When is an employer’s firing of an employee wrongful?
We first must exclude public employees working for government. They have certain rights to procedural “due process” and standards for termination and review of terminations. We may deal with that issue in another column.
If an employee does not work for a government or quasi-governmental employer, the next question is whether the employee has a written contract. We most often see employment contracts with executive employees of larger companies, but occasionally other employees may have them as well. Obligations and definitions can be defined by contract, including limiting the right to fire based on “cause” and also providing a term of employment. If a written contract exists, it likely controls.
The other huge exception to the rule discussed below is protection provided by federal and state statutes against discrimination based on sex, race, age, and other specifically defined acts which are by statute deemed to be wrongful – such as firing an employee who properly files a workers compensation claim or otherwise exercises rights for medical or family leave. This, too, is another topic for another column.
Most of the above categories are answered by a few questions. For whom do you work? Is it a governmental entity or agency with manuals speaking to the issue of termination? Do you believe you were fired based on your race, sex, age, or other specifically protected status or conduct? If so, why? Do you have a written employment contract?
If the answer to all the above does not provide an exception, then we go to the law of North Carolina as it generally applies to the employer-employee relationship. North Carolina is an “at-will” employment state. An employee’s continued employment is generally “at the will” of the employer and the employer can fire an employee for almost any reason other than the exceptions noted above. Most inquiries from fired employees involve personal conflicts between supervisors and the supervised. Most inquiries boil down to employees upset because their supervisors were unfair and the conflict was caused by the supervisors being unreasonable or otherwise wrong. This isn’t enough. The courts will not intervene in personality conflicts or try to impose a standard of “proper conduct” on supervisors as long as the issues don’t involve sex, race, religion, age, or other protected status.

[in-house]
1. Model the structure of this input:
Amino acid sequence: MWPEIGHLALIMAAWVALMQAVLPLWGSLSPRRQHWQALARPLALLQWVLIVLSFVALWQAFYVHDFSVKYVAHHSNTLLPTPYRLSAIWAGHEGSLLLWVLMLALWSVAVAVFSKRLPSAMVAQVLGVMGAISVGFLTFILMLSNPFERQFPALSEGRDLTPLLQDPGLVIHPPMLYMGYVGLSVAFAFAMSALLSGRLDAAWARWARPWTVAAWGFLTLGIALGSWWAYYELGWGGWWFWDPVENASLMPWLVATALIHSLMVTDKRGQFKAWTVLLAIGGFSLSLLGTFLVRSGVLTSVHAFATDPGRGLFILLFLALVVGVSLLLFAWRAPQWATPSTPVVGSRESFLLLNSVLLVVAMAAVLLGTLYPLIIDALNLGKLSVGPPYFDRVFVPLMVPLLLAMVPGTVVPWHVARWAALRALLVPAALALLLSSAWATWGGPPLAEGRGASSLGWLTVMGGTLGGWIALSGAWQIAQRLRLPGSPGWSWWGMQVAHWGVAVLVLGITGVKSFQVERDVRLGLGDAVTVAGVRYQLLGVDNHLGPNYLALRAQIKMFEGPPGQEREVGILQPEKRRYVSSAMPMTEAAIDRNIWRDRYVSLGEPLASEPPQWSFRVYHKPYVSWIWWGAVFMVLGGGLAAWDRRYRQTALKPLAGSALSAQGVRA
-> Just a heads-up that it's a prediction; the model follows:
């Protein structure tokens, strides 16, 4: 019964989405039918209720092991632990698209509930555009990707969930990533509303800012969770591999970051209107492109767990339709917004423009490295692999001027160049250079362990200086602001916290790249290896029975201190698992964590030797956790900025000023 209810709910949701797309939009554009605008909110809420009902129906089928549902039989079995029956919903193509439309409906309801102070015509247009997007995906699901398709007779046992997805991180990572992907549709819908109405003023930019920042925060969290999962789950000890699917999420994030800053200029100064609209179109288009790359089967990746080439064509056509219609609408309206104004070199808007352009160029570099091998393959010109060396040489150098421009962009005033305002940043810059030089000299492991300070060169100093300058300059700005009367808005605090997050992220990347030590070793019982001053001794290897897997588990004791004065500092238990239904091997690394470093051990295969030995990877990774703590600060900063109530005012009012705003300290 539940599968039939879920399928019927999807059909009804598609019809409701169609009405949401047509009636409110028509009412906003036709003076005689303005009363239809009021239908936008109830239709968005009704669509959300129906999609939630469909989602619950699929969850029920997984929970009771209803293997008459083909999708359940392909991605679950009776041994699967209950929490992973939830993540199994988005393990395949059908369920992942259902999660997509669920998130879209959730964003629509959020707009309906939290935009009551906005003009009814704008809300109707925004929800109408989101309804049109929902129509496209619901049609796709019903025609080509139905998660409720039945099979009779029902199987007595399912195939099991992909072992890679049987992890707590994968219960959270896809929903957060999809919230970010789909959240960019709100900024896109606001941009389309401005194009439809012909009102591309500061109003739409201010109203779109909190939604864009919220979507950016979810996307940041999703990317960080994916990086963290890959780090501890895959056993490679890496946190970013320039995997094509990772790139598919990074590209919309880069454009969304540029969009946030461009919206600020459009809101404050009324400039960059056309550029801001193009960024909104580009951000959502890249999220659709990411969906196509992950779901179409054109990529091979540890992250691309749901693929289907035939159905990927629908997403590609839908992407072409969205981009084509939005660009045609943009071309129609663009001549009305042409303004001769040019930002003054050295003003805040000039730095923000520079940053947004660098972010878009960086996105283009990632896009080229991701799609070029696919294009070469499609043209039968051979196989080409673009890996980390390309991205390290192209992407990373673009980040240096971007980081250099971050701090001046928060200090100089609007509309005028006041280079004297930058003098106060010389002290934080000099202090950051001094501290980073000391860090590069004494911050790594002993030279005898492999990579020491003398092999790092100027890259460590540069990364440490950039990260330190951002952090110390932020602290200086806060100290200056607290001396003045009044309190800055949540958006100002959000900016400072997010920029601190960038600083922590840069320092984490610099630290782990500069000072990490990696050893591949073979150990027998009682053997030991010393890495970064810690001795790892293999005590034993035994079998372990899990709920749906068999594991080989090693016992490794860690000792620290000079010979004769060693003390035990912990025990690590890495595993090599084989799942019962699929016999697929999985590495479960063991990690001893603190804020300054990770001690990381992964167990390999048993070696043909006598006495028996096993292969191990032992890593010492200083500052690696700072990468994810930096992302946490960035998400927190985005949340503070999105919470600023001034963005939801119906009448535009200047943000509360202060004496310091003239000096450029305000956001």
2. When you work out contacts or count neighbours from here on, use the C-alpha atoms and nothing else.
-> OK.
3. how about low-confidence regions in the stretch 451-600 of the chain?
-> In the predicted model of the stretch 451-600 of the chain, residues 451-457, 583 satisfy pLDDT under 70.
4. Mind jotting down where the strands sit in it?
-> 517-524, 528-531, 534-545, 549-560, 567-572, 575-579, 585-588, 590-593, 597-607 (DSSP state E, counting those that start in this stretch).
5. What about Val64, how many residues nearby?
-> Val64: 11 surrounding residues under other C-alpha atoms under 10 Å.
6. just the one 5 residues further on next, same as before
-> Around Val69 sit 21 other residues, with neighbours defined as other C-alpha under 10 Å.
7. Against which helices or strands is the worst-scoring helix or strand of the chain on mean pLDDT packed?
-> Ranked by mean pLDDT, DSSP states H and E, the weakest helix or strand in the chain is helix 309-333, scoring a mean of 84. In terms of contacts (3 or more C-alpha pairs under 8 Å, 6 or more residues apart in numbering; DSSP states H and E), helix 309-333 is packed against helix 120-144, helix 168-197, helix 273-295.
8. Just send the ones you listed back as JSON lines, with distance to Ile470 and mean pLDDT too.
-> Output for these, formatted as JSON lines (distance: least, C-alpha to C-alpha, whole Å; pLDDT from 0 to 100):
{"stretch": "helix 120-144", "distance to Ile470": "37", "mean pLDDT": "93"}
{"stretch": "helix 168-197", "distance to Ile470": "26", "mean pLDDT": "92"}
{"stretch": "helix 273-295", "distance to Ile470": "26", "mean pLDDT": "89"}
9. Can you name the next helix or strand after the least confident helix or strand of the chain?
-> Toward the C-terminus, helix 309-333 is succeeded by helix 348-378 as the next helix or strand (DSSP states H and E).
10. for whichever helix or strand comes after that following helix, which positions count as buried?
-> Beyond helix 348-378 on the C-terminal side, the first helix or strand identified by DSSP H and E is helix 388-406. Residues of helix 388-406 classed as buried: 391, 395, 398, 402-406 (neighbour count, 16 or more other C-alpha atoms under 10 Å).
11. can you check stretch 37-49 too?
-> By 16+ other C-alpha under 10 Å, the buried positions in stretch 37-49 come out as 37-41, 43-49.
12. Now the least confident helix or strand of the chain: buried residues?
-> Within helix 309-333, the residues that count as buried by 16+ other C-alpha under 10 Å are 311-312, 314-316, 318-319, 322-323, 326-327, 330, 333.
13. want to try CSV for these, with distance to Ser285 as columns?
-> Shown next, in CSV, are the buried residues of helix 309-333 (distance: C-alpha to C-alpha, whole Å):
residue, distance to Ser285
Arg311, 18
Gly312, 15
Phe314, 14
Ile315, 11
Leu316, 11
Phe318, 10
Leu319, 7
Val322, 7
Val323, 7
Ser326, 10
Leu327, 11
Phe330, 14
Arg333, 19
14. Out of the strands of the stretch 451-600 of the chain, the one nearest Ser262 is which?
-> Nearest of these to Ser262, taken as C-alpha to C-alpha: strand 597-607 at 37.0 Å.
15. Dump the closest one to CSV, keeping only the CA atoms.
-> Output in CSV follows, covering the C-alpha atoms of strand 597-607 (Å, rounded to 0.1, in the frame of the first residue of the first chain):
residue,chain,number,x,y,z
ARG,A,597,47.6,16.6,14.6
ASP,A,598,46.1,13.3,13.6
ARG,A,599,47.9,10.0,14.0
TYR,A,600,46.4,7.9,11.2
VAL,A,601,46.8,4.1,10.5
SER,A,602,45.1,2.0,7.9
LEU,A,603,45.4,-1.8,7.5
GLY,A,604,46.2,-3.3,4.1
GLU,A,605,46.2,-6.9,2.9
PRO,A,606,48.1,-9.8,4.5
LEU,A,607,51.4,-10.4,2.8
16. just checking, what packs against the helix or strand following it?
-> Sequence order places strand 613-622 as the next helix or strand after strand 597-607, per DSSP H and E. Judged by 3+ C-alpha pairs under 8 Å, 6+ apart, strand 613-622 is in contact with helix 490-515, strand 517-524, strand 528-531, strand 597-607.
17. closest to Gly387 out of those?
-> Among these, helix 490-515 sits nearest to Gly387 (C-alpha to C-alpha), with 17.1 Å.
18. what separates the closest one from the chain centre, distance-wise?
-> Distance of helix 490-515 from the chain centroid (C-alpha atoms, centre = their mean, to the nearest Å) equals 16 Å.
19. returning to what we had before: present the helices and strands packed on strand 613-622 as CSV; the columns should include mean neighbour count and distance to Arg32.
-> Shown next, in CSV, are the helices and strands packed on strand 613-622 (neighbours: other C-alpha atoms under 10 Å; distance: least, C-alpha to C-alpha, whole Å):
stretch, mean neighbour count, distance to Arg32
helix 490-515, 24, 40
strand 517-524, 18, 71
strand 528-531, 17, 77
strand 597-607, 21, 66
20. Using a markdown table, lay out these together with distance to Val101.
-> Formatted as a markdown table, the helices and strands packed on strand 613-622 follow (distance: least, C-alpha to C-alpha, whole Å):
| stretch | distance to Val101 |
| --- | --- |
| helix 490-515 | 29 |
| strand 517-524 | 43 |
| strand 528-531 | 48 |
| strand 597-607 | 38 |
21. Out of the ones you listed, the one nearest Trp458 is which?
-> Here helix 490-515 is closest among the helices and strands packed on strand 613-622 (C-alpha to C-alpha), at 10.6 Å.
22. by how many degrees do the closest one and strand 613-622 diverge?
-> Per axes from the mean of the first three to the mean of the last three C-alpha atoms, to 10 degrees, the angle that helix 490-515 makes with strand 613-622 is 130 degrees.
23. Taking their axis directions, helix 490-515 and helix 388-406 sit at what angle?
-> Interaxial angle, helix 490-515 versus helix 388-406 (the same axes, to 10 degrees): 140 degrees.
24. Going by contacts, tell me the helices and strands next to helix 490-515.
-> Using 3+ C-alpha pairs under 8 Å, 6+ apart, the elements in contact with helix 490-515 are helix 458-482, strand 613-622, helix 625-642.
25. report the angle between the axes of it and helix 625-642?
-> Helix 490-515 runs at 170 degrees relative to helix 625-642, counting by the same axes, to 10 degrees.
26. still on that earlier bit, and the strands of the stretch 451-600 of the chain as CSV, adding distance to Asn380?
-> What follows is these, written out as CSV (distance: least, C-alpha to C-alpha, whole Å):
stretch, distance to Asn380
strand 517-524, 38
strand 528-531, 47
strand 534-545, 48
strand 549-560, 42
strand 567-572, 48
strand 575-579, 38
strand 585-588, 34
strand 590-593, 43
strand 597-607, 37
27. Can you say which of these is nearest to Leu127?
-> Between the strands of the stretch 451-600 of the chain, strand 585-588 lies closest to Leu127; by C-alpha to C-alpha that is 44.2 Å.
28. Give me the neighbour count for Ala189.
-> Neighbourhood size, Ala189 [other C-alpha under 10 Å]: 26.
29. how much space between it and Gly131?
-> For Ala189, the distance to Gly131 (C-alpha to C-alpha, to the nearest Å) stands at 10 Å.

However, there is a very meaningful further exception to the right to fire called the “public policy exception”. This judicial doctrine (it isn’t a statute) arose from a case where a nurse was fired because she provided truthful testimony in a medical negligence case against her employer (she sued, and later went to law school and is now practicing law in N.C.). Our appellate courts said although employers in N.C. can generally fire for any reason, that does not mean they can fire for a reason which violates N.C.’s public policy.
As you can imagine, this has spawned much litigation through the years since. This “public policy” exception has been narrowly construed and applied. A trucking company cannot fire an employee driver based on his refusal to make fraudulent entries in the required driving log. An employer cannot fire an employee for complying with jury service requirements. Essentially, an employer cannot fire an employee for a reason that is inconsistent with legal rights that are important to the general public. For example, an employee who is fired because he “blows the whistle” on an employer’s serious, illegal activities. In these situations, NC Courts sometimes rule that the public interest (such as punishing illegal corporate conduct) outweighs an employer’s right to terminate an employee “at-will”. Again, though, this exception has been limited and narrowly applied. One cannot successfully sue an employer after firing an employee for exercising a relatively trivial right that has no substantial public interest.
The takeaway lessons? If you want protections as an employee, you better negotiate a favorable written contract. Otherwise, you have very little job security unless your firing offends very important N.C. public policy. On the flipside, as an employer, you have wide discretion to make employment decisions. However, your discretion is not unlimited, and you could be in serious legal trouble if you abuse it. For the honest employers out there – always document issues with employees, corrective actions attempted, performance reviews, etc. So that if you must fire, you have adequate documentation proving that your reasons and motivations were legitimate.
– Lamar Armstrong, Jr.
P.S. Please call us at 919-934-1575 if you need advice concerning an employment dispute.